GT5 implements an interesting social community aspect. You can scan through your friends to see what they have done recently, where they are in the game, or even leave them emails or short twitter like messages. Gifting cars back and forth between friends has become a common occurrence for those who are having a little trouble progressing. Of course this might counter all the work that Polyphony did in order to keep the game in balance. You can also download tracks that people have created via the track generator; which brings to mind a big user generated content question.
If Polyphony was so interested in making their game accessible that they included go karts for just that, then why didn’t they break down the barrier to their toughest hurtle for newcomers? Tuning is a difficult process, and for people new to the series who aren’t skilled in it, why isn’t they a feature to search and download car tuning settings just like you can download courses? Forza already has great user content like the cars auction block, featuring custom painted cars. Hopefully Sony will endorse user content in GT6 as much as they have with other Sony properties like Little Big Planet or Modnation Racers.
Apart from the main career mode, there is also an arcade mode. There is almost no point looking here for a single player experience. The time trials, and drift trials (which are both great fun, though desperately need leaderboards) are already in the career mode, as well as the one make races. So I’m not really sure what function arcade mode has besides offering 2 player split screen, which under my observation is the only reason you would ever visit this section of the game.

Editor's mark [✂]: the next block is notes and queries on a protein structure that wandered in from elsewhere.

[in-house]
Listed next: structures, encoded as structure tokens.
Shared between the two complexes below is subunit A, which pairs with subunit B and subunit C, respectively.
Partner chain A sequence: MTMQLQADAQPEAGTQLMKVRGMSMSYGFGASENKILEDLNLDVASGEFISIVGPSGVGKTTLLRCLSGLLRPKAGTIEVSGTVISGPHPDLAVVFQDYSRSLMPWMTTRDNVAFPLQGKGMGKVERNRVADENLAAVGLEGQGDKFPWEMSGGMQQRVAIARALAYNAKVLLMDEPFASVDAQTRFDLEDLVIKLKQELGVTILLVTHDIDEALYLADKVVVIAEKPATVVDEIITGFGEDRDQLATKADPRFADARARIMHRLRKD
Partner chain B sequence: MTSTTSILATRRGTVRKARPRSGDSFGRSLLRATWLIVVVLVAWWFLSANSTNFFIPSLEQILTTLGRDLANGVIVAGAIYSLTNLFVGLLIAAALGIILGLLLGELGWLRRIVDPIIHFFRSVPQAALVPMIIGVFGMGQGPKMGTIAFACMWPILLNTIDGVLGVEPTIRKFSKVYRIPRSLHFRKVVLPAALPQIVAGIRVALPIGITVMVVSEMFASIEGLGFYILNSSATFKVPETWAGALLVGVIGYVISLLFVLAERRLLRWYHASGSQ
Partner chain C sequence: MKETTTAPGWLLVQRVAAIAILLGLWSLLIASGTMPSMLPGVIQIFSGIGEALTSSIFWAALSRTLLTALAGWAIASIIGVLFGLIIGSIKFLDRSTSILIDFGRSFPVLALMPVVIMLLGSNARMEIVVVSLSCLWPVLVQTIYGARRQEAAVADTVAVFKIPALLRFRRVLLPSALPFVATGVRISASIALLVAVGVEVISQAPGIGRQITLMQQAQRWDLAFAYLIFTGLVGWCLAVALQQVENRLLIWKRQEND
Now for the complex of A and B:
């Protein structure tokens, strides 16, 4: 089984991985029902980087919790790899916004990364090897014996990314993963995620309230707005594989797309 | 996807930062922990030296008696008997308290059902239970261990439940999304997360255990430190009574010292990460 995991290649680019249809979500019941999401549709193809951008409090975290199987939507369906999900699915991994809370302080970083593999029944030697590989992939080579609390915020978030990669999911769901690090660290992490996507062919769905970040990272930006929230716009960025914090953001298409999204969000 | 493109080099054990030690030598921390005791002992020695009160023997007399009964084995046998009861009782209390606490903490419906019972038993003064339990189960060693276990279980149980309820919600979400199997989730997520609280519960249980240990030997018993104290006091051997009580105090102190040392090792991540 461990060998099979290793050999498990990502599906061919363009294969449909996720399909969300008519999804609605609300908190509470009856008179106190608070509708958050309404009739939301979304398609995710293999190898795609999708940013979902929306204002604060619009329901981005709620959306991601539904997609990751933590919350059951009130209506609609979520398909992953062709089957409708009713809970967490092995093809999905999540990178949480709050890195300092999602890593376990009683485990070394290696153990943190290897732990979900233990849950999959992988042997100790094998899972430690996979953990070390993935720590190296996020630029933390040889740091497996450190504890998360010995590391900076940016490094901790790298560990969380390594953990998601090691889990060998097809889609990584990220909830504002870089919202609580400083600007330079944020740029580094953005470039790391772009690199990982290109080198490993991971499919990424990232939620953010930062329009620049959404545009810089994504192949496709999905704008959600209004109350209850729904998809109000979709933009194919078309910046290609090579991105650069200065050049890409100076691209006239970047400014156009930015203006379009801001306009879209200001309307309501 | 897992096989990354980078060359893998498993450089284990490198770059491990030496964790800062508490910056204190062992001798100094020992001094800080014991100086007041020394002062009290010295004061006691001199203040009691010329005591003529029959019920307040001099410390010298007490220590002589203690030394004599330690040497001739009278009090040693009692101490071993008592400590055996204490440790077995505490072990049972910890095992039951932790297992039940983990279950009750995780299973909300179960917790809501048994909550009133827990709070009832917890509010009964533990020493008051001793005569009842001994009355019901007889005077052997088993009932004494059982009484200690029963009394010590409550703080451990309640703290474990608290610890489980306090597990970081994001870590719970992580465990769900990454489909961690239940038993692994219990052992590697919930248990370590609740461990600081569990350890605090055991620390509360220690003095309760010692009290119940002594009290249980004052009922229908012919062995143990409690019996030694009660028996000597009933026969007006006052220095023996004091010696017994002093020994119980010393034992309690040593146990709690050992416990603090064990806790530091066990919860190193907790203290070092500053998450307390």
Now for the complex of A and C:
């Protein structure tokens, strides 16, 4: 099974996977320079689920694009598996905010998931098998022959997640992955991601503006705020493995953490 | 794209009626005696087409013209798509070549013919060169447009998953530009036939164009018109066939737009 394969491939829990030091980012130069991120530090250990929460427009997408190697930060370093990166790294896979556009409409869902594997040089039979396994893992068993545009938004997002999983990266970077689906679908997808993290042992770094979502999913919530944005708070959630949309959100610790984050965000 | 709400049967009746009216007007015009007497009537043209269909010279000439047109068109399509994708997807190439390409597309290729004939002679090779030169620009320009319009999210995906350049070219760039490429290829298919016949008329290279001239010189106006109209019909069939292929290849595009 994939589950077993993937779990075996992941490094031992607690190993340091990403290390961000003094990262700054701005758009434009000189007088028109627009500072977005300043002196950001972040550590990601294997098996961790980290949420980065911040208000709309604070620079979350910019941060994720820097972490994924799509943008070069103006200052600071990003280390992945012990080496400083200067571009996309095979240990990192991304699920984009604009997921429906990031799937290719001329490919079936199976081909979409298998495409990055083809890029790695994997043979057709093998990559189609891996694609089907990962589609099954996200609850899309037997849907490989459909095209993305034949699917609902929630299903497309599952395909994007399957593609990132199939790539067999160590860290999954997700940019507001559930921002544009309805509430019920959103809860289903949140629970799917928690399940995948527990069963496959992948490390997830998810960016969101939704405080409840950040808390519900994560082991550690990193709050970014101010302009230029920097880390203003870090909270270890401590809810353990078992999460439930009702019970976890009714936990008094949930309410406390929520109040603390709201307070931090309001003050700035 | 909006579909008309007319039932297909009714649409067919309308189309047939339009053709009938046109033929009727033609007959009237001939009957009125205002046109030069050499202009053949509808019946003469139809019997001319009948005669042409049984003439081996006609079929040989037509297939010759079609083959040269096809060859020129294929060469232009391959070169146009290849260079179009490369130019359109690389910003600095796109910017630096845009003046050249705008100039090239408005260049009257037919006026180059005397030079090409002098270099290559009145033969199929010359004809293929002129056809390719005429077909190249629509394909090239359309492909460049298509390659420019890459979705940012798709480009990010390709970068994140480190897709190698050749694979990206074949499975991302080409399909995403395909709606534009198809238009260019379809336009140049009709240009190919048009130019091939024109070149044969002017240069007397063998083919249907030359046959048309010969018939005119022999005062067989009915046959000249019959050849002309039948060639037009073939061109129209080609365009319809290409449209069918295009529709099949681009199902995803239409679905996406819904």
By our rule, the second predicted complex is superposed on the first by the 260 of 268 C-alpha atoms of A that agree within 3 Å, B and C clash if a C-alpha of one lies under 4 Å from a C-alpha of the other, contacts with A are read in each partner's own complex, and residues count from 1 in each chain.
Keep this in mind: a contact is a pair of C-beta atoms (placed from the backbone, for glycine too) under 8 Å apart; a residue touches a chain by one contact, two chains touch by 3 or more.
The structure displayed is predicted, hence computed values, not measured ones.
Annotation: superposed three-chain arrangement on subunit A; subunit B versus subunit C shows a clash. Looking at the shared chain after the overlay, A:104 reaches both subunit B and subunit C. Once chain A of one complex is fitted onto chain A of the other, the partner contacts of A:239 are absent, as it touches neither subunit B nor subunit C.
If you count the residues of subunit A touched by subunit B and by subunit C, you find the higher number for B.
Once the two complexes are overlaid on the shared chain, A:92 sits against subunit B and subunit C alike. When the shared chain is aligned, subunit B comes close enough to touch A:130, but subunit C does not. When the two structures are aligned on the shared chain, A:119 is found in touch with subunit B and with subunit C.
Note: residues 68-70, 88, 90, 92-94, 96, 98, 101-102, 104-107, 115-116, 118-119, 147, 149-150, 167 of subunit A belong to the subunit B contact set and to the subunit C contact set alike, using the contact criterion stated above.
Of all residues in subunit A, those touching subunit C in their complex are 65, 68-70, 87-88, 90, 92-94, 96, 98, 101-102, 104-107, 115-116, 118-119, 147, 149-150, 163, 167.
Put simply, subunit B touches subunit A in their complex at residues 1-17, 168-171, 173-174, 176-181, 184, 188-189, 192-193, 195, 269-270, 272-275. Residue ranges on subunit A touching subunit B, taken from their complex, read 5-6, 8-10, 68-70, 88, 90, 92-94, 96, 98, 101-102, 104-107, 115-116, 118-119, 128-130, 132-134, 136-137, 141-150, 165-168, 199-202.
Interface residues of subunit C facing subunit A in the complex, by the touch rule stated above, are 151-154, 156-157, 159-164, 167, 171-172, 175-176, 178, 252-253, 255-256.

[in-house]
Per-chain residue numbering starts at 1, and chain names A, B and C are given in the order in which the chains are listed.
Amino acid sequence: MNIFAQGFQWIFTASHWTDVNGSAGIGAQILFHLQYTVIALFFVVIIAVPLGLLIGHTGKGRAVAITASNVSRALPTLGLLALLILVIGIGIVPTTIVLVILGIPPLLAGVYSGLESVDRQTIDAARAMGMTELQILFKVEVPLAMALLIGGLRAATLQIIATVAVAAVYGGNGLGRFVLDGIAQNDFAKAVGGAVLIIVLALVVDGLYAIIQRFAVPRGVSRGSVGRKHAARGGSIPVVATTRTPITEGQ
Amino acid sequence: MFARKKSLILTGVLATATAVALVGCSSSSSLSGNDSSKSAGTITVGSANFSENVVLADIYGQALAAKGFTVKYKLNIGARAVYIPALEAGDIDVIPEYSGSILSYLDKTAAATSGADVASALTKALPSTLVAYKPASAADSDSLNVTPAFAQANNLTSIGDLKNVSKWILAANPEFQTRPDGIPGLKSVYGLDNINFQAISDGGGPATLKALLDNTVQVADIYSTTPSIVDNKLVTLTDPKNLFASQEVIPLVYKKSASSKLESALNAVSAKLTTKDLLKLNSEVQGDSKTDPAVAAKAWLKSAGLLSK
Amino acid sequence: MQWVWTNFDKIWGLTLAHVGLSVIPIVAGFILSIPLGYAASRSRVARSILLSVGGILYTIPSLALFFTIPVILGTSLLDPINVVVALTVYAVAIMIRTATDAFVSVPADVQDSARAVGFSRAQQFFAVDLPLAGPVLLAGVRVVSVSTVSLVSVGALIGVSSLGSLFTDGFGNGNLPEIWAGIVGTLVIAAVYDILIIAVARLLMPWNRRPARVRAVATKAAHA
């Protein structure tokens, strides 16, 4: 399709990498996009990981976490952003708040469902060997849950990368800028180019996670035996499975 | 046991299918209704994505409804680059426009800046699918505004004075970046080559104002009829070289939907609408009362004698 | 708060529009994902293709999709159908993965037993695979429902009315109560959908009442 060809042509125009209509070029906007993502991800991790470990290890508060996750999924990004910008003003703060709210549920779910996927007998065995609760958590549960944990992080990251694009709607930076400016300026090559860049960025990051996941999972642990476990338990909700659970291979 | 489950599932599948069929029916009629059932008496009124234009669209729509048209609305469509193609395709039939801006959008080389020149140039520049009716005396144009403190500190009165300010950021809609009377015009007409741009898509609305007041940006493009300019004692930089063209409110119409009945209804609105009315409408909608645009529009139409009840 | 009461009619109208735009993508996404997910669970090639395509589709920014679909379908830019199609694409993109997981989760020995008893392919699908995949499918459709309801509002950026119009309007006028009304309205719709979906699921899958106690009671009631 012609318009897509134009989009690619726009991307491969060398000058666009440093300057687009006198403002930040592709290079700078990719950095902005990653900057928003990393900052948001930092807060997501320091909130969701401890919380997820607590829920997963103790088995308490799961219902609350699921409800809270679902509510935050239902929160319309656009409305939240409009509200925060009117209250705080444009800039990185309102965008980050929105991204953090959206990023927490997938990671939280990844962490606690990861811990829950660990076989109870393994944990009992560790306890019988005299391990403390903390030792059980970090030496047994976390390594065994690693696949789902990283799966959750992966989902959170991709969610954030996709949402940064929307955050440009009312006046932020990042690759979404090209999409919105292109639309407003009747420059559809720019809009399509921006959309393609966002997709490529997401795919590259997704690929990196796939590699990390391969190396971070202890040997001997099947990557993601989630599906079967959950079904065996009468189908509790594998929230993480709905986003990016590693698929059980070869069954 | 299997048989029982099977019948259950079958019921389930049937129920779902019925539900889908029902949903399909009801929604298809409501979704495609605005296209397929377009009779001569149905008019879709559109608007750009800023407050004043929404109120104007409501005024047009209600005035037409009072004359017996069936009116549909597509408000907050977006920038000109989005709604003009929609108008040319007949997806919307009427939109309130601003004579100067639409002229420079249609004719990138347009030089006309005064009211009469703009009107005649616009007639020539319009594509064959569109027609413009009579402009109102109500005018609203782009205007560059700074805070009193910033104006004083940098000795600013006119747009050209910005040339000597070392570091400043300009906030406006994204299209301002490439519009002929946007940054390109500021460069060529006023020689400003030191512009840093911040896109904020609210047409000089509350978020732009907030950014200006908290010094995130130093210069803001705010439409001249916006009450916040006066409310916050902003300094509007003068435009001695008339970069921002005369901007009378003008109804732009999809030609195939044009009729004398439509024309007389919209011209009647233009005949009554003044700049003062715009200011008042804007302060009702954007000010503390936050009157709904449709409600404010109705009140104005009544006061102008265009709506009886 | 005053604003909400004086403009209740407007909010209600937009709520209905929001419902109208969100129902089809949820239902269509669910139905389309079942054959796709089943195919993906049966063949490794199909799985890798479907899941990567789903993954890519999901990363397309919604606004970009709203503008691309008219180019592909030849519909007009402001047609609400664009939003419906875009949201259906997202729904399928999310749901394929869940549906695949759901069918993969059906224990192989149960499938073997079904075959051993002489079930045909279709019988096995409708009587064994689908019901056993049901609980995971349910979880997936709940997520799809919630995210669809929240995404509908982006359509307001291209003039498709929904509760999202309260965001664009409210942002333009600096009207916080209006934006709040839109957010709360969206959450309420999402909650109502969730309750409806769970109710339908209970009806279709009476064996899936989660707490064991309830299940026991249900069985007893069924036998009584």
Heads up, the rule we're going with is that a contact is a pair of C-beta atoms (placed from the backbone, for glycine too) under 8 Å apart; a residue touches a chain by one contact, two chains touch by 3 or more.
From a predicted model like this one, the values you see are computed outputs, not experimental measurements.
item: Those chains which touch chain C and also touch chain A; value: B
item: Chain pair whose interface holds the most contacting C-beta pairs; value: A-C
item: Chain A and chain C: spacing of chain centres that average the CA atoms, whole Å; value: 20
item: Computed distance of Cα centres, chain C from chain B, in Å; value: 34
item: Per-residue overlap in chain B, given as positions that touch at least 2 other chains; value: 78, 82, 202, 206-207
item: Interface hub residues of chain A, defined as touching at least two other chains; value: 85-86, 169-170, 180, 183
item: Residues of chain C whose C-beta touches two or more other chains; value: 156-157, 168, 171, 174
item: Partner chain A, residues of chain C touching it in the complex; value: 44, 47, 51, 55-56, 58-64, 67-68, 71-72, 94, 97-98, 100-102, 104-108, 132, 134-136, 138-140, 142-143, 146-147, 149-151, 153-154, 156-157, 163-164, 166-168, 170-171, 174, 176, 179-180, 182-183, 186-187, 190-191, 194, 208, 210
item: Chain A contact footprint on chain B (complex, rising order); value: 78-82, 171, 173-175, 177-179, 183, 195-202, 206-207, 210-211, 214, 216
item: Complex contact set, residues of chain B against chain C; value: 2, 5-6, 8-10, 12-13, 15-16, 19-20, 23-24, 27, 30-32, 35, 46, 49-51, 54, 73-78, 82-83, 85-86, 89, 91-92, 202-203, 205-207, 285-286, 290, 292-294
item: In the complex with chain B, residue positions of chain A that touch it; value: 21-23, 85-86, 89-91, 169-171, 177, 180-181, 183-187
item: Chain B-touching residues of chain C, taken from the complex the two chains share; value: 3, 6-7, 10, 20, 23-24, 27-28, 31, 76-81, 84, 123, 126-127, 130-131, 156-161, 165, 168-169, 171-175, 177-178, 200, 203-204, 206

There are also a handful of awesome extra features in the game. One being photo travel, here you can take incredibly detailed pictures in awesome locales (Premium cars only) and export them in multiple formats, including 3d(all the screens in this review are provided through this feature). You can adjust settings out the wazoo to get exactly the picture you want, those familiar with manual settings on a camera will be much more comfortable off the bat. You can also visit old replays that you’ve save to take photos as well or just watch your greatest achievement over again. I am actually kind of disappointed that the replay theater isn’t more than it has been in the past. If there is one thing GT5 has excelled at, it’s making great trailers. There should definitely be much more in terms of editing here, I’d like to see a mode where you can essentially make your own sizzle reel. But no, just rather standard replay fare. One serious annoyance I have is switching from car to car in past games was as easy as clicking the up or down button, here it takes too many menus and too much time (this applies to B-Spec as well).